Today we interview Rui Hu, artist and recent MFA graduate of Design | Media Arts about his thesis exhibit work in Delete Me. Rui Hu is a Los Angeles-based artist working primarily with digitally mediated images and objects. His work often grows out of dissecting certain systems or categories, and often invites and engages with the tension between form, fiction, and language.
What are some of the themes that interested you in approaching creating this new body of work?
I’m thinking about how the digital space entangles with our physical world. Internet subcultures in general are interesting for me, but I’m looking especially at the part where they catch attention by making an impact on people, physical objects and places. For the references in the work, there is an investigation report of school shooters spending an entire chapter talking about video games, a former lawyer devoting his career trying to bring down certain video game companies, cops arresting the wrong person based on a re-routed IP address, and anonymous chatroom users gathering in masks to protest Scientology, etc. These events that shows the infiltration from the virtual to the physical space are particularly interesting to me.
Are you making fun of games and game culture?
I have not been a super active gamer myself, mostly due to outside constraints such as not being allowed by parents as a kid, not owning a console, or not having enough time. But I really like video games and game culture in general. I would play youtube videos of game reviews or playthroughs when I’m working, or read game-related articles on my phone when I’m on the toilet. And yes, there might be a little bit of making-fun of video games and game culture in my work, not in a hostile way, but more like a comedian making fun of themselves and their friends.
Are you implicated in the negative associations of gamer culture as well through your artwork?
Yes. There are items in the work that are often associated with the stereotypical negative image of gamers, such as instant noodle and monster drink. Some of the works also deal with the entanglement of violent video games and real-world violence. These are all non-conclusive issues, and I hope that the images function as complex, layered collections pointing to different areas of activity and discussion.
Who does the Gumby-like figure represent to you?
First of all they are anonymous figures. They are the people sitting in front of the screen and you can only see their back. They are represented by a made-up username, or simply “Anonymous”. They’re faceless and nameless, tired and hurt. They are stripped down to only having a human shape and flesh tone. But they are also part of myself and ourselves.
How did you choose the soundtrack for your work?
The soundtrack for the game piece, Room No.2, A First-person View, is the song “Hey You” from Pink Floyd’s album The Wall. I took out most of the vocal so the players mostly only hear the instrument. In the game environment, there are large screens showing the lyrics of the song on top of cut scenes from video games, so it is almost like a Karaoke room. The band and the album have been my favourite, but I chose this song particularly because I felt a parallel between the content of the song and my work, even though there is a gap of almost 40 years in between. The music talks about a metaphorical wall that encloses the character and he can never break free from it. It is about loneliness and separation. In this game piece of mine, the player is literally trapped in a big room built with gigantic keyboards and computer screens as its wall. It is as if the game is broken and the player can never find a way to finish the current level, forever stuck in a world of violence and destruction.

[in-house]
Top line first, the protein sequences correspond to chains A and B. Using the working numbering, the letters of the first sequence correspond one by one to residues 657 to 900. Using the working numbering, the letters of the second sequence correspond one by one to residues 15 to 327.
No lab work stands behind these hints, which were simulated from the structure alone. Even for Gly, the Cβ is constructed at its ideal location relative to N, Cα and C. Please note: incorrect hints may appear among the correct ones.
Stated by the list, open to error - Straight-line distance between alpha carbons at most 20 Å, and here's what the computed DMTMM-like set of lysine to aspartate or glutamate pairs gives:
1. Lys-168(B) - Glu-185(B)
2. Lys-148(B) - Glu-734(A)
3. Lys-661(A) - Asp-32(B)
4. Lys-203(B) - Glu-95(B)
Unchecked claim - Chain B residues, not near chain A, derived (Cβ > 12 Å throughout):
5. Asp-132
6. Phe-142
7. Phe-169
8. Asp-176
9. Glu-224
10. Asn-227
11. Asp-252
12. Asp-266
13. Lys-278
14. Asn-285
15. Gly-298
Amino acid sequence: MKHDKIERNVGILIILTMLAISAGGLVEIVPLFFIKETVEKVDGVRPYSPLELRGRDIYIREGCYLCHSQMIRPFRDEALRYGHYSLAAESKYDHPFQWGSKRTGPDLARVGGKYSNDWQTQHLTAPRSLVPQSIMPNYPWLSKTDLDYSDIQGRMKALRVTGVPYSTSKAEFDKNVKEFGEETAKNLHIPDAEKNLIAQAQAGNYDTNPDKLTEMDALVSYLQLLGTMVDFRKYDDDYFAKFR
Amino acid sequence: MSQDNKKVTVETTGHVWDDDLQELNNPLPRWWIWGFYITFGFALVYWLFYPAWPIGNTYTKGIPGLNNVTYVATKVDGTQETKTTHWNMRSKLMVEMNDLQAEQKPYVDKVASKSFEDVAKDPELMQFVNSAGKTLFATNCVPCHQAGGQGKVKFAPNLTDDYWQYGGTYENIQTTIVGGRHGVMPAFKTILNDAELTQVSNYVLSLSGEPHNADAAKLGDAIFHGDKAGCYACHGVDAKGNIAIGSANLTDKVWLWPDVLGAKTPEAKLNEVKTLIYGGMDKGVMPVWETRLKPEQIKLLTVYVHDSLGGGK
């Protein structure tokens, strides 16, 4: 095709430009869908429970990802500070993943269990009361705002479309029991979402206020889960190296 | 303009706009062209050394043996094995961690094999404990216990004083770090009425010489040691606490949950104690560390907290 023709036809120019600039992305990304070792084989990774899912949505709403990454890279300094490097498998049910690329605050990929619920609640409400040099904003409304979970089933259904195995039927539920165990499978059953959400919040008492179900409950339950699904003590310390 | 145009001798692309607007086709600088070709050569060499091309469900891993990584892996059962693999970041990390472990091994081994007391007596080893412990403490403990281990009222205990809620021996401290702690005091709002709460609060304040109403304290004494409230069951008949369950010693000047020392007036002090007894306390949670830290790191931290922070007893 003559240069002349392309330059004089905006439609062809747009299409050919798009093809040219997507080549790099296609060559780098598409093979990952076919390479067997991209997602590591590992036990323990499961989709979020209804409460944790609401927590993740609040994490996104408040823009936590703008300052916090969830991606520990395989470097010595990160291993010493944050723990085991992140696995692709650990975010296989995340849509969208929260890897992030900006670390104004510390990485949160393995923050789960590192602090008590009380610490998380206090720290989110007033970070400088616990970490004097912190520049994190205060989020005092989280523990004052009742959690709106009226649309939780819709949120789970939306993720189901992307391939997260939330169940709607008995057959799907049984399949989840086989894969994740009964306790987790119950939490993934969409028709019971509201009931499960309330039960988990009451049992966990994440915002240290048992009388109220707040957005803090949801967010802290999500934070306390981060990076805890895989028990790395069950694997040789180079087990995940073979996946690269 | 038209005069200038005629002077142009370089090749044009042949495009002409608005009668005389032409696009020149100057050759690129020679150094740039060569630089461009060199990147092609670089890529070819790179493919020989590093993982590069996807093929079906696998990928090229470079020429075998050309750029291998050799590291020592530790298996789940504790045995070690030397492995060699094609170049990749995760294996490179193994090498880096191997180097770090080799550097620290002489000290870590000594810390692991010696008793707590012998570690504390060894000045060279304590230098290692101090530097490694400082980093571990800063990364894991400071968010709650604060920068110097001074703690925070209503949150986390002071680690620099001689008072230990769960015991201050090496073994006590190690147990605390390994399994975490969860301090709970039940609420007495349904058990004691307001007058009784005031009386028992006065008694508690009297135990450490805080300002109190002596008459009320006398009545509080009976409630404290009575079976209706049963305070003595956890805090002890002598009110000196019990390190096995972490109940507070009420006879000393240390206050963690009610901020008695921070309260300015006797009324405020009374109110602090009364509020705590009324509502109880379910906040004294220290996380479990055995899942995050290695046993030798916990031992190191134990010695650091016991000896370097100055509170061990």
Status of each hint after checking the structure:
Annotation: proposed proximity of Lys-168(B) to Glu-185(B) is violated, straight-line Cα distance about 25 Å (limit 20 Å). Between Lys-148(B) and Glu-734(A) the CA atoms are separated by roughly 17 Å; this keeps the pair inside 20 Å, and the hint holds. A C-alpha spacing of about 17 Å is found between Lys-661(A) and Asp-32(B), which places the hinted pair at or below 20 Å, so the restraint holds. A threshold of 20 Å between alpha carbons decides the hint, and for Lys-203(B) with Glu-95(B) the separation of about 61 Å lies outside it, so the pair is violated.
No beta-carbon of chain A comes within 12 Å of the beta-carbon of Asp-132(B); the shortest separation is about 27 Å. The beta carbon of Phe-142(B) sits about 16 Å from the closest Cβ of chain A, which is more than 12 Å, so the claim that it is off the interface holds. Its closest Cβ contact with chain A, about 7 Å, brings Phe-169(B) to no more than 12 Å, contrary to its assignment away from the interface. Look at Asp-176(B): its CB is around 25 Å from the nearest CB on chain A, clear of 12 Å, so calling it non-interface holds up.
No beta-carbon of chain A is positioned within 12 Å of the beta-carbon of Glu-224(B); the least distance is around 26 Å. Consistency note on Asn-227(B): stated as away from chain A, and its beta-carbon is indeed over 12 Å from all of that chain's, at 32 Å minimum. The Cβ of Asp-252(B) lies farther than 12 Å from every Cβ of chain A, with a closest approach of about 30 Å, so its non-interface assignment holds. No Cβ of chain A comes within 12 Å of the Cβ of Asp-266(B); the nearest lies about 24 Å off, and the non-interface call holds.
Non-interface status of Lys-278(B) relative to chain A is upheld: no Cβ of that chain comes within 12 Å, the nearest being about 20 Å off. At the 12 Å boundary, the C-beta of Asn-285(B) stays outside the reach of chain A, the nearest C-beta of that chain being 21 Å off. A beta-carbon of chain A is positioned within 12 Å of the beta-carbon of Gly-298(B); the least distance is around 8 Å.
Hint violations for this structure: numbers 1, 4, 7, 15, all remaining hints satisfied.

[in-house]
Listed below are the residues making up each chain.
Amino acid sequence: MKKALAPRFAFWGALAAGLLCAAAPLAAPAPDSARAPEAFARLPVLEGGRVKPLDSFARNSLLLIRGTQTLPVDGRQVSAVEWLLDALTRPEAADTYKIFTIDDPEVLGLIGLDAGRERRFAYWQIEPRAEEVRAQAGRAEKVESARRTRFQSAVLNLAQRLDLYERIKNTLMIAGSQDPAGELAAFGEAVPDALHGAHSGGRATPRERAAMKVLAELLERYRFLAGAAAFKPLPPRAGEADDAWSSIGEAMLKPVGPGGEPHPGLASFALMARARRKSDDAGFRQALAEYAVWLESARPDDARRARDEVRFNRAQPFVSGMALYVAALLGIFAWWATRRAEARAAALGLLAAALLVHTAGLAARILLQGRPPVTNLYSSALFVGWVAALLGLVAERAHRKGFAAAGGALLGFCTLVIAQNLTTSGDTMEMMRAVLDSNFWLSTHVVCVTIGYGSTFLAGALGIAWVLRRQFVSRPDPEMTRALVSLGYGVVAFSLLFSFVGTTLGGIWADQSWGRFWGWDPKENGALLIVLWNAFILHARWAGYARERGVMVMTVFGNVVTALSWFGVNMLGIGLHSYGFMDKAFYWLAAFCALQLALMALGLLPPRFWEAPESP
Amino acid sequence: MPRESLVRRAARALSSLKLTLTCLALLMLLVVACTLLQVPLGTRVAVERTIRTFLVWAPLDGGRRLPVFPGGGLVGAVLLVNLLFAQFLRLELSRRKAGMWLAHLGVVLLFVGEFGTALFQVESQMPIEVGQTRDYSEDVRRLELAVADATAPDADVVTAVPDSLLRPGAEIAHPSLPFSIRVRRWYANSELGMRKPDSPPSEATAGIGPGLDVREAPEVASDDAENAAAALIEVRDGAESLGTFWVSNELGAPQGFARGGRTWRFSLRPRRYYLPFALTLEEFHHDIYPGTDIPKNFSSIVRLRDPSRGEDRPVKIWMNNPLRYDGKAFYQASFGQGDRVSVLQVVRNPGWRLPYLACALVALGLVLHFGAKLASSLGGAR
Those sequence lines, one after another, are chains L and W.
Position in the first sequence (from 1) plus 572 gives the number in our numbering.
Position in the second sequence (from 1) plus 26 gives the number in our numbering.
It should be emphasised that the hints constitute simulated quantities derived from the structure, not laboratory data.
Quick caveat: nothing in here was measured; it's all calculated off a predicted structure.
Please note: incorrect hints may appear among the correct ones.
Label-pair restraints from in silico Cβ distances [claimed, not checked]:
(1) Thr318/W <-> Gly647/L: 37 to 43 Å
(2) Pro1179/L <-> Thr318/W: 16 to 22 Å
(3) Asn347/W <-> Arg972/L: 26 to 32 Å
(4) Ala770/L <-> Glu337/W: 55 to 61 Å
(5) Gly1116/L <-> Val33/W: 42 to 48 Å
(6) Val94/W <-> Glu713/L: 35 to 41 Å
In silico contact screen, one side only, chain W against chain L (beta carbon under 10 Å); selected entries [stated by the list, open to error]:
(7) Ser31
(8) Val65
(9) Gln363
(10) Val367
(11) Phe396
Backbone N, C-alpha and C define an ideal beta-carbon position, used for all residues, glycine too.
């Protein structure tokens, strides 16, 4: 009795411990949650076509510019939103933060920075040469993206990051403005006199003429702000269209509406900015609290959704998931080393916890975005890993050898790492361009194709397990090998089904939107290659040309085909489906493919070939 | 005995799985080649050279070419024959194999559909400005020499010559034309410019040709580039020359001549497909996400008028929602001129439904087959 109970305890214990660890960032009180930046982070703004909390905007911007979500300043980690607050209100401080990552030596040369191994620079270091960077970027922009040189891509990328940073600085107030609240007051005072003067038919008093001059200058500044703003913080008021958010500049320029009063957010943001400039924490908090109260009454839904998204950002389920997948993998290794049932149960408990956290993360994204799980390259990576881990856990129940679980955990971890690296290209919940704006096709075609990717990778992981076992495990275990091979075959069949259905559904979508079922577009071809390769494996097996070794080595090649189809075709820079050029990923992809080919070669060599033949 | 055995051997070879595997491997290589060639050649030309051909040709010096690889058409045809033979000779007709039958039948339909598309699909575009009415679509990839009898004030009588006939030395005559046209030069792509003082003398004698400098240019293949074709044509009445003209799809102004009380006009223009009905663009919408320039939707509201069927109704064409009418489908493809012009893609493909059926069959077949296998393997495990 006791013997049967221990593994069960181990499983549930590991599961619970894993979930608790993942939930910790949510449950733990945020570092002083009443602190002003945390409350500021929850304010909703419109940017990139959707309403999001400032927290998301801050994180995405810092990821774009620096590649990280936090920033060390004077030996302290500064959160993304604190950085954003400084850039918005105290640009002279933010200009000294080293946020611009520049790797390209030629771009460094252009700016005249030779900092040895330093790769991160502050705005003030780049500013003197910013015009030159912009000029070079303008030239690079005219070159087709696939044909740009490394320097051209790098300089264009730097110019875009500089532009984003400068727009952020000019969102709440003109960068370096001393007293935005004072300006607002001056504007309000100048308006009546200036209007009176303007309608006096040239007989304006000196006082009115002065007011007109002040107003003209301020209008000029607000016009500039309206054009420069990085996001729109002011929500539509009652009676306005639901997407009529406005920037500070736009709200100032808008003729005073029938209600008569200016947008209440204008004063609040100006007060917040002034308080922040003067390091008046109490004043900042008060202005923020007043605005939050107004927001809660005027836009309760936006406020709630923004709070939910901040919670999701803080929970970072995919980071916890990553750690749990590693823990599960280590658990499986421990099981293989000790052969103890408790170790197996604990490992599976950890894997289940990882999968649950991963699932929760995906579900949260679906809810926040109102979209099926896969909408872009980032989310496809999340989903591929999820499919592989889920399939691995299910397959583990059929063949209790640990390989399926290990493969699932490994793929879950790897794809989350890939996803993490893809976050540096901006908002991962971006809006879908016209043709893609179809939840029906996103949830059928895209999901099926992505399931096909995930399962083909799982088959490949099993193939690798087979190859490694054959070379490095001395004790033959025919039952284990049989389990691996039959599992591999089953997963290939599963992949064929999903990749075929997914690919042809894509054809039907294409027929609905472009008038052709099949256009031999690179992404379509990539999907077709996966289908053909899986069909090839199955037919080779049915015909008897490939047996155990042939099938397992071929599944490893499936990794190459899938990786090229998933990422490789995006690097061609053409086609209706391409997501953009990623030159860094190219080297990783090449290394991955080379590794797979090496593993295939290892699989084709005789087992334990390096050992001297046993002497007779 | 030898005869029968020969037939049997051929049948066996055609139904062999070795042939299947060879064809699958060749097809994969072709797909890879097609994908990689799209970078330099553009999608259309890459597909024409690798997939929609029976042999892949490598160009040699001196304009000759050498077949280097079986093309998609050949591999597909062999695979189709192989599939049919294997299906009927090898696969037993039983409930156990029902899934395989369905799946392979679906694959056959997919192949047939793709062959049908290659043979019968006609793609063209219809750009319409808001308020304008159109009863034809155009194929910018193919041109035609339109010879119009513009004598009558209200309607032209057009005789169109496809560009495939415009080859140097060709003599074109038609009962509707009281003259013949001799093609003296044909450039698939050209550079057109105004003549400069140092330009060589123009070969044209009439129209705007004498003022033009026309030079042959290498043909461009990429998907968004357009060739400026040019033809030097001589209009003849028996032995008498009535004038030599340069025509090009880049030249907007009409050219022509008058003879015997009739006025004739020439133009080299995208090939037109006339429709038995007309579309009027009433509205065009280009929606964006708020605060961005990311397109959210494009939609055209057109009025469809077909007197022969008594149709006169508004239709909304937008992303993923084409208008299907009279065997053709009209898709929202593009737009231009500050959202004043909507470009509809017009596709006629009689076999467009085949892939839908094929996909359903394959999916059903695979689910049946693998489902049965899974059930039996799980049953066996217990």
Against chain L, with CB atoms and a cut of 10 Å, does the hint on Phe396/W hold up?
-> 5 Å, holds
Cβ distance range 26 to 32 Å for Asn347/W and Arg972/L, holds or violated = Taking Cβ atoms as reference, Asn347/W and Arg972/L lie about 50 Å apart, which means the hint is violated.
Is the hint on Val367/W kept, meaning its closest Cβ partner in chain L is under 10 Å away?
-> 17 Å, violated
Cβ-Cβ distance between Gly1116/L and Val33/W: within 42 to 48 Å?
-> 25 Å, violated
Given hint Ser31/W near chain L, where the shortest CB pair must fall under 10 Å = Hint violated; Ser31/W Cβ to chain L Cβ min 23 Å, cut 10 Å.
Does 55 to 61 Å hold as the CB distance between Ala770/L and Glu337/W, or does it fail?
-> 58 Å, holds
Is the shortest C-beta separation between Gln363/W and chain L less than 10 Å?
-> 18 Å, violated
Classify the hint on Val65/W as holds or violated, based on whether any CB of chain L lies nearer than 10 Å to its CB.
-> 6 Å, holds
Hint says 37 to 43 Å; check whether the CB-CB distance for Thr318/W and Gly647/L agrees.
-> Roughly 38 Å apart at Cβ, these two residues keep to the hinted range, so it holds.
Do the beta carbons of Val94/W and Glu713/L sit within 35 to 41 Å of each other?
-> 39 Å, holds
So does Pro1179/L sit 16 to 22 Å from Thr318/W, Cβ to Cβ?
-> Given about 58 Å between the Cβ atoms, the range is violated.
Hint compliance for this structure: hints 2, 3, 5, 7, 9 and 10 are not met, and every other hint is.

The works are each titled Room and a number? This makes me think about levels in a game or rooms in a RPG. Does each work sits as its own room in that context?
Yes! The word “room” has many meanings for me. It can be a level in an RPG, or a room in an escape-room type of game. I was also thinking about a physical room, the bedroom or the gaming room of a gamer, which often features certain unique decorations. And yes, in this series of image, each one sits as its own room, and they are also interconnected just like an apartment or any other building. Each room is an arrangement of objects and imagery constructed around one of a few specific character, stories, or topics. However, although with “room” as title, the image does not represent a coherent 3D spatial environment that the viewer can imagine entering. Instead, each “room” is sometimes spatial, sometimes flattened. It is a metaphorical room, an associative collection and a forensic experience with specific character, stories, or topics.
Photos from Rui Hu. You can see more of Hu’s work at his website.